Petits Freres

on May 18, 2001 by Francesca Dinglasan
   In "Petits Freres," French director Jacques Doillon ("Ponette") once again tackles the subject of adolescence and the trials and tribulations associated with that particularly messy time in life, to heartfelt--but somewhat inadequate--results. Centering on a troubled 13-year-old girl and the unlikely bond she forms with a group of boys living in the projects, the film maintains an uncanny documentary-style realism, which is lamentably interrupted from time-to-time by standard onscreen cliches about gang life and societal woes.

   After fighting with her unsavory stepfather, Talia (Stephanie Touly) runs away from home with her beloved and faithful pitbull Kim in-tow. She heads to Patin, a suburb on the outskirts of Paris populated by poor Arabs and blacks. While wandering around, she meets Ilies (Ilies Sefraoui), Mous (Mustapha Goumane), Nassim (Nassim Izem) and Rachid (Rachid Mansouri), four buddies who take her into their fold. Their motives, though, aren't so pure: With the intent of making money off of Kim by putting her to use in dogfights, the boys steal the friendly dog while Talia sleeps at Mous and his older brother Dembo's (Dembo Goumane) apartment. The boys and their street hardness, however, begin to soften toward Talia, who herself has earned the nickname "Tyson" after the boxer for her tough-talking ways, and a sincere friendship begins to develop among them. The dilemma for the boys--especially Ilies, who has developed romantic feelings for Talia--becomes what to tell her about her dog, who she is desperate to find.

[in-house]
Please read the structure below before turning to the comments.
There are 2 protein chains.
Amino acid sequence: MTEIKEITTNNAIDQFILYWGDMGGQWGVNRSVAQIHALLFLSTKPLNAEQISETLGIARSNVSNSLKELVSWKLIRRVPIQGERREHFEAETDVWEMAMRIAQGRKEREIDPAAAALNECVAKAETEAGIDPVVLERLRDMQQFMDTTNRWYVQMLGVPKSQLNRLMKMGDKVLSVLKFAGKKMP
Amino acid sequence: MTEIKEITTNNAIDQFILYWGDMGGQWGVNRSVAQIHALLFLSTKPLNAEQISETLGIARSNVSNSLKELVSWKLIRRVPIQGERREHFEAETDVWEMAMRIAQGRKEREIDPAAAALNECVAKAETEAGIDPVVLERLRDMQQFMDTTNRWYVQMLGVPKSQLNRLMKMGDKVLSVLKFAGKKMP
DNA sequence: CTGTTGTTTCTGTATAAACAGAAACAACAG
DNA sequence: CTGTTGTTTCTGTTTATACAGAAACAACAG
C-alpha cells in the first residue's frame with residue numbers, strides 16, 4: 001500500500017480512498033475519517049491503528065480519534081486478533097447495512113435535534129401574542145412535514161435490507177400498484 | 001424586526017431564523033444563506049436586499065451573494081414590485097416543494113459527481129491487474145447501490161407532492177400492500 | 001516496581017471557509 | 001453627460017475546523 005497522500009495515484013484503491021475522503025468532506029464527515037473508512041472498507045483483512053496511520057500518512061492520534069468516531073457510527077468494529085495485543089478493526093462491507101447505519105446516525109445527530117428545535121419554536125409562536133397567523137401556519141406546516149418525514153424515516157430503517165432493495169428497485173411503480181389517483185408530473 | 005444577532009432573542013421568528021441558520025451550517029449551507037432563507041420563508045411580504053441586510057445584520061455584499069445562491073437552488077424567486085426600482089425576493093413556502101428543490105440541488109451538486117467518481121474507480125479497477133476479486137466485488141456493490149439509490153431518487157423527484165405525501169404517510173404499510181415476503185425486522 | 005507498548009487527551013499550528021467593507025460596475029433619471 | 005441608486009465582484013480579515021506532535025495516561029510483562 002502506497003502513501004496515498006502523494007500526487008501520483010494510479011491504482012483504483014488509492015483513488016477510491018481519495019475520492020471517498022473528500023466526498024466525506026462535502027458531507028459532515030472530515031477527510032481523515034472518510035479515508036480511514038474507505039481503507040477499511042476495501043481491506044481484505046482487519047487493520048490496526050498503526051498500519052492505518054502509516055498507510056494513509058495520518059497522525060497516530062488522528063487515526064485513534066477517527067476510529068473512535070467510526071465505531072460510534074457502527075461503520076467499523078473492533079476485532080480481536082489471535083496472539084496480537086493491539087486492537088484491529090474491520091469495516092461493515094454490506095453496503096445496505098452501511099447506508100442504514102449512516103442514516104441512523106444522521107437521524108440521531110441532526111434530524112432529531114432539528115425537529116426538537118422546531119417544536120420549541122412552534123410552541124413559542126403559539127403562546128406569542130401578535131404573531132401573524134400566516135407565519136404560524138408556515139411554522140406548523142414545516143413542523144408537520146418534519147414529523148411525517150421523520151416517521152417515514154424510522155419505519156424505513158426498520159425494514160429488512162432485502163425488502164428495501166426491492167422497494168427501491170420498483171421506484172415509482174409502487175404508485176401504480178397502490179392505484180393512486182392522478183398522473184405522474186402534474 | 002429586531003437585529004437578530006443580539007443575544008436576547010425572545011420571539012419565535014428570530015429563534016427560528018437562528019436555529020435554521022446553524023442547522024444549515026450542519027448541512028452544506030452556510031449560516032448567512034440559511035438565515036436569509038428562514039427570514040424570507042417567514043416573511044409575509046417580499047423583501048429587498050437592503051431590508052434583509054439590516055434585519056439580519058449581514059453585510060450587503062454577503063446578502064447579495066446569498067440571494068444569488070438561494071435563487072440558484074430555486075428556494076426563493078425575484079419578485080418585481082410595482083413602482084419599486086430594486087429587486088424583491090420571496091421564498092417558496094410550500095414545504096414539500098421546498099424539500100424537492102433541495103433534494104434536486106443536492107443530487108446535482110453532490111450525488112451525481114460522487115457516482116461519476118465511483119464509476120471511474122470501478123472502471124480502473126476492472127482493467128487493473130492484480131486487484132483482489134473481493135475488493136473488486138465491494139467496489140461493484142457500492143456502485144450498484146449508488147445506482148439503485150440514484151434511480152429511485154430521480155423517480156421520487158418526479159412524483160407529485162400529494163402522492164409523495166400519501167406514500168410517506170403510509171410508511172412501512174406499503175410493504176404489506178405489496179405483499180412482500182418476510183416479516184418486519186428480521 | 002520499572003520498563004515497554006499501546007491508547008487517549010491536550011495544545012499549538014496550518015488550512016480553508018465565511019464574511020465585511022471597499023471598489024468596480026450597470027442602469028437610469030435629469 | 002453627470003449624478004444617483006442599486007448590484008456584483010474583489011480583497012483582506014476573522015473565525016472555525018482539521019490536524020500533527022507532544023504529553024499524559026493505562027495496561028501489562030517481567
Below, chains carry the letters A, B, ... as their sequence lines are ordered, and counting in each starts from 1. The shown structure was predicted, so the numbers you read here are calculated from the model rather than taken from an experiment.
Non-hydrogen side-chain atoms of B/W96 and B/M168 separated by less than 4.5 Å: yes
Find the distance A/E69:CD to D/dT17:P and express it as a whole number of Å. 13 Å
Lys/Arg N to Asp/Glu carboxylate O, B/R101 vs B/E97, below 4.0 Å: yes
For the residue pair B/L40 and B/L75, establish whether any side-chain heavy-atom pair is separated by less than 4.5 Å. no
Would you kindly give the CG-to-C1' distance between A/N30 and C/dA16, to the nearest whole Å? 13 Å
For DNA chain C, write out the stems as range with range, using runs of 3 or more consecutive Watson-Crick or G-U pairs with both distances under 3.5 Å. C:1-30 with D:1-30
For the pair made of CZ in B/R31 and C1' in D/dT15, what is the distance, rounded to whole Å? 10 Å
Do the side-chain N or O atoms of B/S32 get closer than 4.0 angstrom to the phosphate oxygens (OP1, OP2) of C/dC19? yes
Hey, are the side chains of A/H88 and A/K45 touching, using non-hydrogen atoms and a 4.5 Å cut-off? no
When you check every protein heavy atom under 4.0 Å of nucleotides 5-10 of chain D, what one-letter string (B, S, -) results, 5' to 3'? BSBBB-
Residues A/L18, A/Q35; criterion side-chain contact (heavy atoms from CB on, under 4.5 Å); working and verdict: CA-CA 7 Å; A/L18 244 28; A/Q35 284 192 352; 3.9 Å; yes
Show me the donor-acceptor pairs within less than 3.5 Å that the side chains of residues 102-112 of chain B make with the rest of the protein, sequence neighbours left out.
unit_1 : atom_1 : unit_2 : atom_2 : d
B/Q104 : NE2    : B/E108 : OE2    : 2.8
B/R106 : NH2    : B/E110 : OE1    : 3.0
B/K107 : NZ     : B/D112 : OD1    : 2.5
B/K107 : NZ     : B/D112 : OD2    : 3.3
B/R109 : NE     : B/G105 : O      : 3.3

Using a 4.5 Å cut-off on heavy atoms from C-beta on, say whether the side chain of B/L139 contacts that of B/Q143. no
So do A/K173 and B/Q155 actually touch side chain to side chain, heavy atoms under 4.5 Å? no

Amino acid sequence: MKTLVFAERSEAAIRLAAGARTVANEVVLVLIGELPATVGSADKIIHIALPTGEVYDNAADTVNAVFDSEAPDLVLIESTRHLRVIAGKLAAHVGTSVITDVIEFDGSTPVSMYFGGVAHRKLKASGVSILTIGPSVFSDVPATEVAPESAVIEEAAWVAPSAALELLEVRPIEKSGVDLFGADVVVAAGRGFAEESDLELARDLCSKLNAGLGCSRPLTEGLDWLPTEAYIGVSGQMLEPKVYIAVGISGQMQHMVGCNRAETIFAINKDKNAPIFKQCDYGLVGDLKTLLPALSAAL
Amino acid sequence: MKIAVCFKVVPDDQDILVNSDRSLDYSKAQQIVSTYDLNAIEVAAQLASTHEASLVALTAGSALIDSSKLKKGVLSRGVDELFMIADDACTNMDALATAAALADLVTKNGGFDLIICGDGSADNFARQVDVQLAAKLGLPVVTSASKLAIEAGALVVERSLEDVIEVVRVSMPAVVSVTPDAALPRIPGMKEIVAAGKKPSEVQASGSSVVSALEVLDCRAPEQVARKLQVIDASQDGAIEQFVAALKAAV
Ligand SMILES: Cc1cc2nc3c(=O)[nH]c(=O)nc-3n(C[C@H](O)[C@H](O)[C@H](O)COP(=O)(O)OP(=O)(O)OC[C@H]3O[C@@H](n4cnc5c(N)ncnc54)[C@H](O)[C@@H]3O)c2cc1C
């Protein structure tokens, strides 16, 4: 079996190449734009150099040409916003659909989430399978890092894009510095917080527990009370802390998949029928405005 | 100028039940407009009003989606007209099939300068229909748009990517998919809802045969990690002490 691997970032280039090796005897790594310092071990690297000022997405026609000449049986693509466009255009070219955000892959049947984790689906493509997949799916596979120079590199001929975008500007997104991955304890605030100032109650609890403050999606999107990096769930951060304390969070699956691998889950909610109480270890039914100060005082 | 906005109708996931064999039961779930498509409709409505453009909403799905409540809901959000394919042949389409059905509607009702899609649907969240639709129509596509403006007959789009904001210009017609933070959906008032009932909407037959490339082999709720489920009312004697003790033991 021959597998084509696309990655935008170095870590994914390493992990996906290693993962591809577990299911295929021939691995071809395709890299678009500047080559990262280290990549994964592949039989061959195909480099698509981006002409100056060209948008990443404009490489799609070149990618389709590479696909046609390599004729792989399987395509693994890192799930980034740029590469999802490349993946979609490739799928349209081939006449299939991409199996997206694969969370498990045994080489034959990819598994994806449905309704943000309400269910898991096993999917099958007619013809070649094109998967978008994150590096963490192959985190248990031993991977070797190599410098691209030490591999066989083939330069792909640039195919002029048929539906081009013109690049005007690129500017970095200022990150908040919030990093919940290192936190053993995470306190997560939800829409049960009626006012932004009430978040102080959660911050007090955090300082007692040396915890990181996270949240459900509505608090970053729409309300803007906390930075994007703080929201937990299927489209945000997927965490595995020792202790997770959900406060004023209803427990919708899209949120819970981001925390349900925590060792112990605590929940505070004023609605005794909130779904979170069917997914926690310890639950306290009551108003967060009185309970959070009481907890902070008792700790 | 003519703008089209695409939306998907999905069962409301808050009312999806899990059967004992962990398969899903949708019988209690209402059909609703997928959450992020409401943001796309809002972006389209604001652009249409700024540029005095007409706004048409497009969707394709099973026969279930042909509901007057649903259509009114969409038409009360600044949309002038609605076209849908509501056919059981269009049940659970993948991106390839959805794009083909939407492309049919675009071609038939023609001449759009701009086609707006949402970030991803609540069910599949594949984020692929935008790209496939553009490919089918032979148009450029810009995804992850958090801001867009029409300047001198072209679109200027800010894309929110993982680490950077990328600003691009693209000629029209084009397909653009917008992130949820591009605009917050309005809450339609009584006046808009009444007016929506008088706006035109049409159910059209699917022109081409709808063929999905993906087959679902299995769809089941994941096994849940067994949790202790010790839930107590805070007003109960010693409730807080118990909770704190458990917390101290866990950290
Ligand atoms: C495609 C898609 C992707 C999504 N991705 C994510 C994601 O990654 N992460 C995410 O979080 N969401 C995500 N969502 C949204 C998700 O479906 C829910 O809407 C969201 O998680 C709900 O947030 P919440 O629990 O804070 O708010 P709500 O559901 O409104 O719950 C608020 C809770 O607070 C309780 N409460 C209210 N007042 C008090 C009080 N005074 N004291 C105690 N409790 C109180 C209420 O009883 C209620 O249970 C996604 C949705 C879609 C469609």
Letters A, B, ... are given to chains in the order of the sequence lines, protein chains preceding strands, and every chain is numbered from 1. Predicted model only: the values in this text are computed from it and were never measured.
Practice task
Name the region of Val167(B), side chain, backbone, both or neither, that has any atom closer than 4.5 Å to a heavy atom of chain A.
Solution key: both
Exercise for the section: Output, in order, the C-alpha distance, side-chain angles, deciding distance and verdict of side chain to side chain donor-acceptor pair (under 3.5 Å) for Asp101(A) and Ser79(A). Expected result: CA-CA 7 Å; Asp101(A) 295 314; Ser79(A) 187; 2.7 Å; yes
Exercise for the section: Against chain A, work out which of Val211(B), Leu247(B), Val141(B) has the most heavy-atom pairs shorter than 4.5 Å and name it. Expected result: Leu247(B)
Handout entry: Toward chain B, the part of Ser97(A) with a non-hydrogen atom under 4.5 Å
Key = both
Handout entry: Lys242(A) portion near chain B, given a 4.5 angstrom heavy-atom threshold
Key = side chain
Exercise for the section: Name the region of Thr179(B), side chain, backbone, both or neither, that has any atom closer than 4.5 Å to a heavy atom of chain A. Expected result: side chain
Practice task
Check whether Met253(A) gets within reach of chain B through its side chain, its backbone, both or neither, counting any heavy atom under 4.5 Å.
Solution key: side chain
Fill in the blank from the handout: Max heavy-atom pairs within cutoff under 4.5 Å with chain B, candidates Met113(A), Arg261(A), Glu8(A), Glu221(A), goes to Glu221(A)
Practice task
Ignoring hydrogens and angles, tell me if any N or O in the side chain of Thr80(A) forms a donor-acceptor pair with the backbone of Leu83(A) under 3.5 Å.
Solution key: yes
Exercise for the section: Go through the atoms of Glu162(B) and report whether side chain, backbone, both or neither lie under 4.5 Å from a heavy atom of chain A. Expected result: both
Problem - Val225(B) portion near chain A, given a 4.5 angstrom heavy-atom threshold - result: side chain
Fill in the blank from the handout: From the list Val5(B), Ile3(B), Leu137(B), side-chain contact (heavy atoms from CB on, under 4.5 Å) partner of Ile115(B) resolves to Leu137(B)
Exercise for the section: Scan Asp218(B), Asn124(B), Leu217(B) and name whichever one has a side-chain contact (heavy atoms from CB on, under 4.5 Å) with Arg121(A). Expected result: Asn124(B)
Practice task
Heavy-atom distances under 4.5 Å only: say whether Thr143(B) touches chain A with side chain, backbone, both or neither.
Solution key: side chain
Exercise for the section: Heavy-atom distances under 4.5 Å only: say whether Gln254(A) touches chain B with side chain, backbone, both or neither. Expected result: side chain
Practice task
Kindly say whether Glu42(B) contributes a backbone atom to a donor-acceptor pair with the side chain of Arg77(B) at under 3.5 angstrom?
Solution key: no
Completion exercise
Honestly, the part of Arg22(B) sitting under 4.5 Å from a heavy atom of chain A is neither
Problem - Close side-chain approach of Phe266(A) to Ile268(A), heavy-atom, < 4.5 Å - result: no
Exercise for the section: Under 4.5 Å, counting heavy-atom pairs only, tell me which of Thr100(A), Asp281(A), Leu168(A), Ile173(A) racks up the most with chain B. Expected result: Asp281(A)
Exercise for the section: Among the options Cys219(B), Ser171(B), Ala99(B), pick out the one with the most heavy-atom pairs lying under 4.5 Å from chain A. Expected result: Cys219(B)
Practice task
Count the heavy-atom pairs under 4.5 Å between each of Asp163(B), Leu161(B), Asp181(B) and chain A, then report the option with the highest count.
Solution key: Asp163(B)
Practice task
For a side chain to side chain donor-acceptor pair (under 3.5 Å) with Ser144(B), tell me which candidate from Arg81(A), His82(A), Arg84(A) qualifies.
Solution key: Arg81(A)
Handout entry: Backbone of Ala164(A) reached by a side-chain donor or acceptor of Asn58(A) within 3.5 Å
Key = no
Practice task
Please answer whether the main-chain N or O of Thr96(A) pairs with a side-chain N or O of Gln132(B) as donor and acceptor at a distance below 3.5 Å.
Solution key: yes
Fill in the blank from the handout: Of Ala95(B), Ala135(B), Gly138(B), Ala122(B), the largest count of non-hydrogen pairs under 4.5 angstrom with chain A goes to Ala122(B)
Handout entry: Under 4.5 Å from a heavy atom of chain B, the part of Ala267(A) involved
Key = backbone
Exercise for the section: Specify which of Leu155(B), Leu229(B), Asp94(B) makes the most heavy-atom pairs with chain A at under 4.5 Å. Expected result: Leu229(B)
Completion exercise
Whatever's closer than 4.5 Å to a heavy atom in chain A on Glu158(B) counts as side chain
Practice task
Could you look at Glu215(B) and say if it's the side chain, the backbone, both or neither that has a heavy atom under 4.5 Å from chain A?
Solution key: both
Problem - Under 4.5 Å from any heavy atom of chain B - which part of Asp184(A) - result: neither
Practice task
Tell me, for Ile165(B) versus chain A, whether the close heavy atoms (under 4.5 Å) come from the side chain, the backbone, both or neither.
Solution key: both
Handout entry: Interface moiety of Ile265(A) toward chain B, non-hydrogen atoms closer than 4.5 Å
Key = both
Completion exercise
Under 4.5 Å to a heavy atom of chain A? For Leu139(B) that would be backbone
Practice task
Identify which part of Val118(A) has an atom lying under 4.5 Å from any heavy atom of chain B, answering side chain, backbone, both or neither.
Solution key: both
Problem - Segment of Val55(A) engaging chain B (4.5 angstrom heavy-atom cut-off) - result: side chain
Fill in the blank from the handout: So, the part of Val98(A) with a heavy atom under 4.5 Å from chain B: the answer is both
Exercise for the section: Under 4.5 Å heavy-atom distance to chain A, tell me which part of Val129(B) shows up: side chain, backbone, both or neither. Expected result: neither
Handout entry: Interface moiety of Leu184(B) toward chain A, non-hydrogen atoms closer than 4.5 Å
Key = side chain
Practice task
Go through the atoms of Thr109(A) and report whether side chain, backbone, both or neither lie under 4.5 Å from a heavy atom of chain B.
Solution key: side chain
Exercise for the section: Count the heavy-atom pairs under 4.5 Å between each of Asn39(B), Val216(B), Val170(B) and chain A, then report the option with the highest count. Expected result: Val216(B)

Helmer Doillon is adept at the films d'enfance genre, and "Petits Freres" again displays his keen insight into the minds and motives of youths. The film's five central characters, buoyed by solid performances by the young actors and actress, are credible and always three-dimensional, compelling viewers to sympathize with the group of friends, even if they don't necessarily deserve approval. Unfortunately, the film also has a tendency, it seems, to try to capture too much reality, resulting in an oversaturation of social issues being introduced: Ilies mentions the difficulty of his possible romance with Talia (he's Arab, she's Jewish), Mous beats his younger sisters, Talia suspects her stepfather of sexually molesting her younger sister--and so on. Though the proliferation of societal issues are not overwhelming enough to erase the effect of the film's engaging story about loyalty and friendship, "Petits Freres'" tries to cover too many very serious topics in too short a time.    Starring Stephanie Touly, Ilies Sefraoui, Mustapha Goumane, Nassim Izem, Rachid Mansouri and Dembo Goumane. Directed and written by Jacques Doillon. Produced by Marin Karmitz. A First Run Features release. Drama. French-language; subtitled. Unrated. Running time: 92 min.

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